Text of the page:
Any execution of an array element reference requires the evaluation of its subscript. The data type of an expression in which a subscript appears does not affect, nor is it affected by, the evaluation of the subscript.

Any execution of a substring reference requires the evaluation of its substring expressions. The data type of an expression in which a substring name appears does not affect, nor is it affected by, the evaluation of the substring expressions.

### 6.6.1 Evaluation of Operands.

It is not necessary for a processor to evaluate all of the operands of an expression if the value of the expression can be determined otherwise. This principle is most often applicable to logical express(ions, but it applies to all expressions. For example, in evaluating the logical expression
`X .GT. Y .OR. L(Z)`
where X, Y, and Z are real, and L is a logical function, the function reference L(Z) need not be evaluated if X is greater than Y. If a statement contains a function reference in a part of an expression that need not be evaluated, all entities that would have become defined in the execution of that reference become undefined at the completion of evaluation of the expression containing the function reference. In the example above, evaluation of the expression causes Z to become undefined if L defines its argument.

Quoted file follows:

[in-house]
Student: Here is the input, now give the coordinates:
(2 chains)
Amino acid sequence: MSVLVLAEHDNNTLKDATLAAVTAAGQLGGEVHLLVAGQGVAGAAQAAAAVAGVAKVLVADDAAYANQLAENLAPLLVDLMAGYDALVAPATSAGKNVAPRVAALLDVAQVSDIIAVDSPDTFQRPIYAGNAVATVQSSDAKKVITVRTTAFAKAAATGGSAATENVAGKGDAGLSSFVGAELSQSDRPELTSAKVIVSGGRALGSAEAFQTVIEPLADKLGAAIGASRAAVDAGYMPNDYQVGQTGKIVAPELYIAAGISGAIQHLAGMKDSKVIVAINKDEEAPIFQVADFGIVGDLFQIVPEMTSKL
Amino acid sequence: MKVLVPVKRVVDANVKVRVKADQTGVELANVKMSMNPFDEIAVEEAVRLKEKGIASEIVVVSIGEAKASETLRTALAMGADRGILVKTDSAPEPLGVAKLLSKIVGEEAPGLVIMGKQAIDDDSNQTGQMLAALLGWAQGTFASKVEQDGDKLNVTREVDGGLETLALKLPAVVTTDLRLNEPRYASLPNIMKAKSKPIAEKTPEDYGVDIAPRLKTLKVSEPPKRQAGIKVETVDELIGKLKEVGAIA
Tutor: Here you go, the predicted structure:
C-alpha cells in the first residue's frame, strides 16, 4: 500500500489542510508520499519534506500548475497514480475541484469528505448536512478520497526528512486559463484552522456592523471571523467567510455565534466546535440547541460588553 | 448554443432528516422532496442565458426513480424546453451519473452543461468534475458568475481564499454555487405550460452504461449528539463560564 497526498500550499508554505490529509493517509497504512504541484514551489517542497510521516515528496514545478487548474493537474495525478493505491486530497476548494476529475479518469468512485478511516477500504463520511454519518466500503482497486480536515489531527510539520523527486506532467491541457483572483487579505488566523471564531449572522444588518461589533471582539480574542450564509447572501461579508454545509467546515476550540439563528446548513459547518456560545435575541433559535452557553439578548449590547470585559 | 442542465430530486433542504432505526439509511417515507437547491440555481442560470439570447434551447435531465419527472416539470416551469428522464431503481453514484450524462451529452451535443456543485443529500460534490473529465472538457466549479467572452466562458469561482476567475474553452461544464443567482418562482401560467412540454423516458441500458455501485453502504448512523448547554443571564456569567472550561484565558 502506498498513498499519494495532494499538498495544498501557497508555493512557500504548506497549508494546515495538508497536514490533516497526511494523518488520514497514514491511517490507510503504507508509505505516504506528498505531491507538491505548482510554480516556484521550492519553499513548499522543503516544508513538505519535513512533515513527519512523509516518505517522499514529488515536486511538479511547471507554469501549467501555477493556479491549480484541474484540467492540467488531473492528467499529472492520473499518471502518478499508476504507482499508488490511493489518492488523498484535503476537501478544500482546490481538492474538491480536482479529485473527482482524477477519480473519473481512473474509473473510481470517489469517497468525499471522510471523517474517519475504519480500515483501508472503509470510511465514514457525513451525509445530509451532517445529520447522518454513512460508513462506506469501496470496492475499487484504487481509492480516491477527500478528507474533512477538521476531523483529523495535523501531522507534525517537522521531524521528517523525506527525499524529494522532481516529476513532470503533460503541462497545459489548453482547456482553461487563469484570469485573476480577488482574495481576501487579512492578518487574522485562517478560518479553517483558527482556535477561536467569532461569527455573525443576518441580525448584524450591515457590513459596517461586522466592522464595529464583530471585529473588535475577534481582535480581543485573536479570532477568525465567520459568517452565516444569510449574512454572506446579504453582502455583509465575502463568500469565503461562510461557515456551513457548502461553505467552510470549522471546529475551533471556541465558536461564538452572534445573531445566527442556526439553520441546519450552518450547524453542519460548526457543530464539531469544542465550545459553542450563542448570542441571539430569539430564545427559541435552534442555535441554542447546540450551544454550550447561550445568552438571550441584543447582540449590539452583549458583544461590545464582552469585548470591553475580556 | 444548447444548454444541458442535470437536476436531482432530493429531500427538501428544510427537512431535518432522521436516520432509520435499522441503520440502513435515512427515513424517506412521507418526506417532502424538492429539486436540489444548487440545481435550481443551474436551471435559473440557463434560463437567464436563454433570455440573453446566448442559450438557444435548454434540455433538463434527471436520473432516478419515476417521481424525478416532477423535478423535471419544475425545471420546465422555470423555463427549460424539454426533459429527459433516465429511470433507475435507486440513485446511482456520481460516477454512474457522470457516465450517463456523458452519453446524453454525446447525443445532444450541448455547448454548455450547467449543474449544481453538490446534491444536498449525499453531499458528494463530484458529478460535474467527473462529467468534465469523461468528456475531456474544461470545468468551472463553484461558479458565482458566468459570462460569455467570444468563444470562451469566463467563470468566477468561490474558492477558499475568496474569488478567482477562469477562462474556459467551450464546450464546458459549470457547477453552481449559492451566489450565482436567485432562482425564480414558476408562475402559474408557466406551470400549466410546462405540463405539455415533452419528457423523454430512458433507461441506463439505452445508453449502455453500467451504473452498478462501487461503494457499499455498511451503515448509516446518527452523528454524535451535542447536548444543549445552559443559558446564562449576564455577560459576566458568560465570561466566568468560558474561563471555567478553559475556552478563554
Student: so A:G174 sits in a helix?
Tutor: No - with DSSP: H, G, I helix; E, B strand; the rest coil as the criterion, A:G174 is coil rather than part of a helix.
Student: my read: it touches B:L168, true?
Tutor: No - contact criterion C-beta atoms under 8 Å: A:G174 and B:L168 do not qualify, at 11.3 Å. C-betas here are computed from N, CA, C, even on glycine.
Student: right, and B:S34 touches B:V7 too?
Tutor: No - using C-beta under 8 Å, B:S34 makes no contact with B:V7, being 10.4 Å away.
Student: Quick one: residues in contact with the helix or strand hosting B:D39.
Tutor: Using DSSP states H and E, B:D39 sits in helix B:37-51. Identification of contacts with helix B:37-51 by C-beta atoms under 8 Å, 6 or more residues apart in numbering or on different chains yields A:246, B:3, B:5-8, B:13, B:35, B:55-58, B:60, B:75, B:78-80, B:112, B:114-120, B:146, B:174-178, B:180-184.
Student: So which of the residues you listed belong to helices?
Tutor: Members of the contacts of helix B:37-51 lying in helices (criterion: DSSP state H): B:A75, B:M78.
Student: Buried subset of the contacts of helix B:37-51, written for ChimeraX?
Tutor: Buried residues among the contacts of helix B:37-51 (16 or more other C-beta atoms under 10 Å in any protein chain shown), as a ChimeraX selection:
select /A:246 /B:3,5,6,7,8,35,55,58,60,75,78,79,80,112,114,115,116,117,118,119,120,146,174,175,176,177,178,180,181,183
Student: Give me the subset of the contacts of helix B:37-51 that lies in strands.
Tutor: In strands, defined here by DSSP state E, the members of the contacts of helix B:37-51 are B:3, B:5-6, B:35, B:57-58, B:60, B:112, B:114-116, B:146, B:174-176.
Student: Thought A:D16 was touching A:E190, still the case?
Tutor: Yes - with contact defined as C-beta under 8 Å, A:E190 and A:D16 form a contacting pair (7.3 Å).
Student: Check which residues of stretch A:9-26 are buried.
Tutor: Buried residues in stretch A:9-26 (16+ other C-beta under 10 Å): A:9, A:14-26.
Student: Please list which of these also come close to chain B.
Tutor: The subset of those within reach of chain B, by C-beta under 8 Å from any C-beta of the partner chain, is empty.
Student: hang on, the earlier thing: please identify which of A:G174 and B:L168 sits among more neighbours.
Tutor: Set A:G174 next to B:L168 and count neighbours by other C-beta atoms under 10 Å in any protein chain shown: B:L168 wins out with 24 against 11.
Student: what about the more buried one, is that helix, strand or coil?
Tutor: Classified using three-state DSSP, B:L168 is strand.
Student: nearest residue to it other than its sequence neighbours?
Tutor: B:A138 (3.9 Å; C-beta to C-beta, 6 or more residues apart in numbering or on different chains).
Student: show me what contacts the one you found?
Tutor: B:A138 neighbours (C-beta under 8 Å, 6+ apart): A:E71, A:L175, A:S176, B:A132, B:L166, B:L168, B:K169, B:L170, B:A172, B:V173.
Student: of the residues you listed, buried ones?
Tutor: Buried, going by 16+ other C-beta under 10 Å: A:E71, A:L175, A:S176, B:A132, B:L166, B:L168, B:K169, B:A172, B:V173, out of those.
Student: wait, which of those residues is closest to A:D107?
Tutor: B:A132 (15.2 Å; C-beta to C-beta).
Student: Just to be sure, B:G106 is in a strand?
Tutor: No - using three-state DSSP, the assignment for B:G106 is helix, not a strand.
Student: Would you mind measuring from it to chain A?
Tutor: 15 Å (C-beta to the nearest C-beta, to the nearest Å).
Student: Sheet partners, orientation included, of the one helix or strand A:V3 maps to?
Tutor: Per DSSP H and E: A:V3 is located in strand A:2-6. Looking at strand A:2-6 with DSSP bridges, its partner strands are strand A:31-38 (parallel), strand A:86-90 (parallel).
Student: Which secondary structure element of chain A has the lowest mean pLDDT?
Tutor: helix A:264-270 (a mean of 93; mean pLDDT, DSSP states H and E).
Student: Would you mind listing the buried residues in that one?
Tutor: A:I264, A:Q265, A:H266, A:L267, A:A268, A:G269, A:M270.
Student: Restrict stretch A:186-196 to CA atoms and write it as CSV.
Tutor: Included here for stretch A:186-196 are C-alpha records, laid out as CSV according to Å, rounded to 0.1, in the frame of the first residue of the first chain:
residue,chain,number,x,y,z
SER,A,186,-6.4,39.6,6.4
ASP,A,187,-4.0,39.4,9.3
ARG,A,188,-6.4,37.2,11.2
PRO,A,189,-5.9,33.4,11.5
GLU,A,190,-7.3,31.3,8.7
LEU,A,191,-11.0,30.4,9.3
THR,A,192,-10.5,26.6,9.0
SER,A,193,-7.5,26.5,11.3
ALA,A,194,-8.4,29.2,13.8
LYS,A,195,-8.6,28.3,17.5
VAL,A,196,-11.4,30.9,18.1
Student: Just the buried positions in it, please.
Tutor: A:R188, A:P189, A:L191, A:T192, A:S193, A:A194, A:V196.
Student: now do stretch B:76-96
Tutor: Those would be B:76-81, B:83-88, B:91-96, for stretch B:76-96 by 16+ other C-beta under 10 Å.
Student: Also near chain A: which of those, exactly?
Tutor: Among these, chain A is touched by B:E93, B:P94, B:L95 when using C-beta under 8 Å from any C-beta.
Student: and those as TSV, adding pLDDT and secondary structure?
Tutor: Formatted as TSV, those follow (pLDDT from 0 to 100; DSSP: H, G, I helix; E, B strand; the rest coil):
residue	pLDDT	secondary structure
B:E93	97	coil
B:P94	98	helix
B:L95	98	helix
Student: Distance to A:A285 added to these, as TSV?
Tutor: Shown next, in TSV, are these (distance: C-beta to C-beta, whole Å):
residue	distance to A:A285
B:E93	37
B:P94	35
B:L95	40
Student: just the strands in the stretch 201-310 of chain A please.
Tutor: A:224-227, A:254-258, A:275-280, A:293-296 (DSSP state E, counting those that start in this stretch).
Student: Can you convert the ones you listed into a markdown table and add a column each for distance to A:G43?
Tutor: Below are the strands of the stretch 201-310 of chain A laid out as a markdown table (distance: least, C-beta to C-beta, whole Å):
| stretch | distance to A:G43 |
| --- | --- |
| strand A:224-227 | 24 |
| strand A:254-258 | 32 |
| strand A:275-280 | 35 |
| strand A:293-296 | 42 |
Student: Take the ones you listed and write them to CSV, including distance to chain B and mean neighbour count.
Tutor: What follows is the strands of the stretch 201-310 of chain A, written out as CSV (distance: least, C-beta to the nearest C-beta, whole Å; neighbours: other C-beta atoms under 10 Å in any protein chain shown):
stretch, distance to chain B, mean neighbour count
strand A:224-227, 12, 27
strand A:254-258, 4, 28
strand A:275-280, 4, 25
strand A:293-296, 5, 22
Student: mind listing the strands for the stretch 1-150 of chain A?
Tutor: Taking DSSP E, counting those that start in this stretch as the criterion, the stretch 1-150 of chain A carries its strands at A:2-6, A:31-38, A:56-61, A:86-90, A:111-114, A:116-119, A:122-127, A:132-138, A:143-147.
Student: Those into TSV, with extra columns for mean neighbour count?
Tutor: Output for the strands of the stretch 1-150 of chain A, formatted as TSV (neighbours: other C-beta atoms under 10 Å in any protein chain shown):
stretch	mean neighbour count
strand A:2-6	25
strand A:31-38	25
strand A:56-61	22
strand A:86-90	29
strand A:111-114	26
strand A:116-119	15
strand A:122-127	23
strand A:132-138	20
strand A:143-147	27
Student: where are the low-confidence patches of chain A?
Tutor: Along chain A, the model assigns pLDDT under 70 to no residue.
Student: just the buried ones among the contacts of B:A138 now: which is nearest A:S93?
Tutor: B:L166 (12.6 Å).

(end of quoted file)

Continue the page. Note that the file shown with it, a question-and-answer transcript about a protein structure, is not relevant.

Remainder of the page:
### 6.6.2 Order of Evaluation of Functions.

If a statement contains more than one function reference, a processor may evaluate the functions in any order, except for a logical IF statement and a function argument list containing function references. For example, the statement
`Y = F(G(X))`
where F and G are functions, requires G to be evaluated before F is evaluated.

In a statement that contains more than one function reference, the value provided by each function reference must be independent of the order chosen by the processor for evaluation of the function references.

### 6.6.3 Integrity of Parentheses.